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Watch: Volvo Drop-Tests 10 Brand New Cars from 30 Metre Crane to Study Impact of Vertical Fall

Volvo Crash Test

Volvo Crash Test

The findings from the crashes will be published in a research report, that Volvo said will be available for free to rescue workers around the world.

Volvo Cars, known for their safety standards, recently performed an extraordinary drop-test, in which they dropped 10 brand new cars hanging 30 metres high in the air with the help of a crane. This extreme crash test was executed to help develop better ways to rescue people in life-threatening accidents.

As part of the experiment, a total of 10 different Volvo models were dropped using a crane several times. The safety engineers made calculations regarding the pressure and force the cars were exposed to get the desired level of damage, to simulate real accident situations.

Watch the footage of the Volvo cars drop-test here!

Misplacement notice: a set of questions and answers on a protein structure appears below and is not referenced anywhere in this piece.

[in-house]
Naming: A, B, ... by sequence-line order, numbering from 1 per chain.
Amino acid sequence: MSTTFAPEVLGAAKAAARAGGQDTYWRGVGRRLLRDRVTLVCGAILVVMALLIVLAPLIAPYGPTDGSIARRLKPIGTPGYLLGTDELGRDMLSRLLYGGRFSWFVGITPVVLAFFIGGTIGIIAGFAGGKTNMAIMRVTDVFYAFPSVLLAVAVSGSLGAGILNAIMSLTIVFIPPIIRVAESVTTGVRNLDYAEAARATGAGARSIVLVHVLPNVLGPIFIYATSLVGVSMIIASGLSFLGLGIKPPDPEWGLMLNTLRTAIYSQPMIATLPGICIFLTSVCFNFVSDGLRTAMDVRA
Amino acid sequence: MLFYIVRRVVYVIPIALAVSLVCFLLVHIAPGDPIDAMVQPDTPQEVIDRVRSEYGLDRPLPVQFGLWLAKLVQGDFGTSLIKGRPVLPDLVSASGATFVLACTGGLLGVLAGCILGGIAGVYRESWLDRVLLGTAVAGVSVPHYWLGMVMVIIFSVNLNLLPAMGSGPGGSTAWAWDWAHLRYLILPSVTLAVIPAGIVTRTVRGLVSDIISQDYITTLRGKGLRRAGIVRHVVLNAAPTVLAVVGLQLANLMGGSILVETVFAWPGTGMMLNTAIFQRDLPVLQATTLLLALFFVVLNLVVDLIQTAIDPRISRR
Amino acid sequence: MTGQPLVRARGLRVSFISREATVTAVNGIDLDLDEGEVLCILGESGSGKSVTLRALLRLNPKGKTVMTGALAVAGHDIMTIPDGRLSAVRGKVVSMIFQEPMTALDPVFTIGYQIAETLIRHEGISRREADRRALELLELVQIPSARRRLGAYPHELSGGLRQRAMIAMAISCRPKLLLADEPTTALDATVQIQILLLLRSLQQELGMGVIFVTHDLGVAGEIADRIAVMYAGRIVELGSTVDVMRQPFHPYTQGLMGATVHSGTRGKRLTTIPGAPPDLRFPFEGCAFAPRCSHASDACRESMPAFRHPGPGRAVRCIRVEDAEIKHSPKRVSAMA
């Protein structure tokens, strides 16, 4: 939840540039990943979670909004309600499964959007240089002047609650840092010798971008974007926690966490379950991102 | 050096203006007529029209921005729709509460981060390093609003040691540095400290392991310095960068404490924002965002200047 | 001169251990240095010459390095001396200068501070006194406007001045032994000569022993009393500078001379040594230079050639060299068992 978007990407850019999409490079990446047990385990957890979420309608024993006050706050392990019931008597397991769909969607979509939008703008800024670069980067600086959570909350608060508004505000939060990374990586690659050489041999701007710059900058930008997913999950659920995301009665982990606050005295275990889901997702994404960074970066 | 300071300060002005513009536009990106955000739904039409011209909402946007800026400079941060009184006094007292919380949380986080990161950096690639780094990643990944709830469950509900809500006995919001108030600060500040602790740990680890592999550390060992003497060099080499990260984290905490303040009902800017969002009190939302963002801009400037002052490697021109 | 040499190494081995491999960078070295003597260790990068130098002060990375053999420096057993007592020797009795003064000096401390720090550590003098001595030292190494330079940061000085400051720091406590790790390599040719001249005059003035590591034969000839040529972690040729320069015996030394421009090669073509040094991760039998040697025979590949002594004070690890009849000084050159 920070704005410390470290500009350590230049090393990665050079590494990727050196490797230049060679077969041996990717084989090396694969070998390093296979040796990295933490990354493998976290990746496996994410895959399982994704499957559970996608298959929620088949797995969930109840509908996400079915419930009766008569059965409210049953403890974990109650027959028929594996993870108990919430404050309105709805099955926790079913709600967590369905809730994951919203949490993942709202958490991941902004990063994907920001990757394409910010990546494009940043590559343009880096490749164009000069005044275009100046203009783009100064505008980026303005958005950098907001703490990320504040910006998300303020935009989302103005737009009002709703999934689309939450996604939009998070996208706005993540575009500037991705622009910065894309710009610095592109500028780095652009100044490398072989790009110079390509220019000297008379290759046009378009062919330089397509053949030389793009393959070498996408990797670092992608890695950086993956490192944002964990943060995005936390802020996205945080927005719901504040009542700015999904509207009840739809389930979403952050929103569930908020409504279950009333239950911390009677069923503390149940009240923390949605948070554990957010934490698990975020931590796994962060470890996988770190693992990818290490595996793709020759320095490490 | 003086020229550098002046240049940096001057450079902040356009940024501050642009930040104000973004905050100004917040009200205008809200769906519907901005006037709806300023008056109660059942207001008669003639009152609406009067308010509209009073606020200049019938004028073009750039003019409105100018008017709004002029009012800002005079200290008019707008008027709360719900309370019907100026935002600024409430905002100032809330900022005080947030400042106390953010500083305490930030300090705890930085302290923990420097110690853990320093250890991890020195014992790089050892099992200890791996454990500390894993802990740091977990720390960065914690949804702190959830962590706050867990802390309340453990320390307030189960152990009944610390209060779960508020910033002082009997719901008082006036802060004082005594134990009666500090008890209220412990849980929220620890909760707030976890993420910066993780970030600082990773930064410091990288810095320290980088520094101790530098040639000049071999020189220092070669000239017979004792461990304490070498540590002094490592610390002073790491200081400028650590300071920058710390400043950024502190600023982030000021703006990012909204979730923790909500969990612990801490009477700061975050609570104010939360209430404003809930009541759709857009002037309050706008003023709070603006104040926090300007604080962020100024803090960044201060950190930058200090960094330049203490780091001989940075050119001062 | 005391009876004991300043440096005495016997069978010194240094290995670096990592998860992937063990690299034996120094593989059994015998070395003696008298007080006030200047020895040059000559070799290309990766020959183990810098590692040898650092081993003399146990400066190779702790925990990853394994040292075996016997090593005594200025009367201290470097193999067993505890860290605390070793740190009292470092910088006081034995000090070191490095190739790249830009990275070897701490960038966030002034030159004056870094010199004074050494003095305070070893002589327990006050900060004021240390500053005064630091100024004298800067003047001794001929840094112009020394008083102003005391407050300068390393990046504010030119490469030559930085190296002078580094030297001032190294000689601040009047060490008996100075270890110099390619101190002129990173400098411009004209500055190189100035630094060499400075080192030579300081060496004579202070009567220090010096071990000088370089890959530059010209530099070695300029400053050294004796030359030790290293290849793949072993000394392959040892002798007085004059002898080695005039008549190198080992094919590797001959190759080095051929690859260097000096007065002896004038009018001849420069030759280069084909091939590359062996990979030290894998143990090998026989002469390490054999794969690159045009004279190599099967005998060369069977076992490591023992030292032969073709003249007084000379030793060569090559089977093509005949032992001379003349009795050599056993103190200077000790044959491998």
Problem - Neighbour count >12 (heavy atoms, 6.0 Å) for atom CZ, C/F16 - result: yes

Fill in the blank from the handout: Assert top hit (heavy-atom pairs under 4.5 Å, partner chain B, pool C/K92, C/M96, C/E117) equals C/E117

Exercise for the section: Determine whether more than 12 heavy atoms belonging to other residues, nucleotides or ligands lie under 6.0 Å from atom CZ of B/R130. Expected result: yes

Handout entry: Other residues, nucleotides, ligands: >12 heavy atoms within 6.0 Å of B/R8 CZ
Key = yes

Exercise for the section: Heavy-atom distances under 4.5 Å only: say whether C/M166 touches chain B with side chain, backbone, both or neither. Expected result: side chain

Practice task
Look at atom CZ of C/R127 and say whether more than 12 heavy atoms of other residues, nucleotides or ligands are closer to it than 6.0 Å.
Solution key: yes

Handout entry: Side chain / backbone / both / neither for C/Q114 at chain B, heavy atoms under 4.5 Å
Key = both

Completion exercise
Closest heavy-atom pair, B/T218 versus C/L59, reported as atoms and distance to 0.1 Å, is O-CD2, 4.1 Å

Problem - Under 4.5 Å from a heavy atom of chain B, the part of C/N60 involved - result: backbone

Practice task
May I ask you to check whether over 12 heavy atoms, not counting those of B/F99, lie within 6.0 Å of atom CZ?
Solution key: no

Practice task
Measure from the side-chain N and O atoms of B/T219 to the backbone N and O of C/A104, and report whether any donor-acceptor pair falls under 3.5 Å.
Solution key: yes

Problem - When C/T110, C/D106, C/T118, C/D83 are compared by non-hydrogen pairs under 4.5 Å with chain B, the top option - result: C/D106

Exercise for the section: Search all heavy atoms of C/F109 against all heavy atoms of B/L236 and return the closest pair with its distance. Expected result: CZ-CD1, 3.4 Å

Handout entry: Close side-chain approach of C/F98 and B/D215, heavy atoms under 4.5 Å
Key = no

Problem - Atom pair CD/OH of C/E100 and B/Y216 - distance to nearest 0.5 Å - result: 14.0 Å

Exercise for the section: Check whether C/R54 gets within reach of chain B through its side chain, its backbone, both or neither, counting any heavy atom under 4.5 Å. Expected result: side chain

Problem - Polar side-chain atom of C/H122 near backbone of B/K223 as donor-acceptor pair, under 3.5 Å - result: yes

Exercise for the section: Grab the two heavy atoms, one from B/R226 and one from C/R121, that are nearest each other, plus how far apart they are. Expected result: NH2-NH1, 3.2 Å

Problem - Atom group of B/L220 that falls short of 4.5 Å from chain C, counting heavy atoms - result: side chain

According to the Swedish carmaker, it was the most extreme crash test ever executed by them. Usually the extrication specialists make use of cars crashed at the Volvo Cars Safety Centre. This was the first time they dropped new cars from such a height.

The auto major said that in extreme accidents, the cars are likely to be in a critical condition where the priority is to get people out as quickly as possible using hydraulic rescue tools. So, such an exercise will help the specialists prepare better.

“We have been working closely together with the Swedish rescue services for many years. That is because we have the same goal: to have safer roads for all,” said a senior investigator, Hakan Gustafsson, at the Volvo Cars Traffic Accident Research Team.

Gustafsson said that while everyone tries their best to stop such mishaps, not all accidents can be avoided. “So it is vital there are methods to help save lives when the most severe accidents do happen,” he added.

The rescue workers usually train using vehicles from scrapyards which are often decades old and nowhere close to modern vehicles in terms of design and strength. This experiment, the company said, will help them develop new extrication techniques.

The findings from the crashes will be published in a research report that the company said will be available for free to rescue workers around the world.

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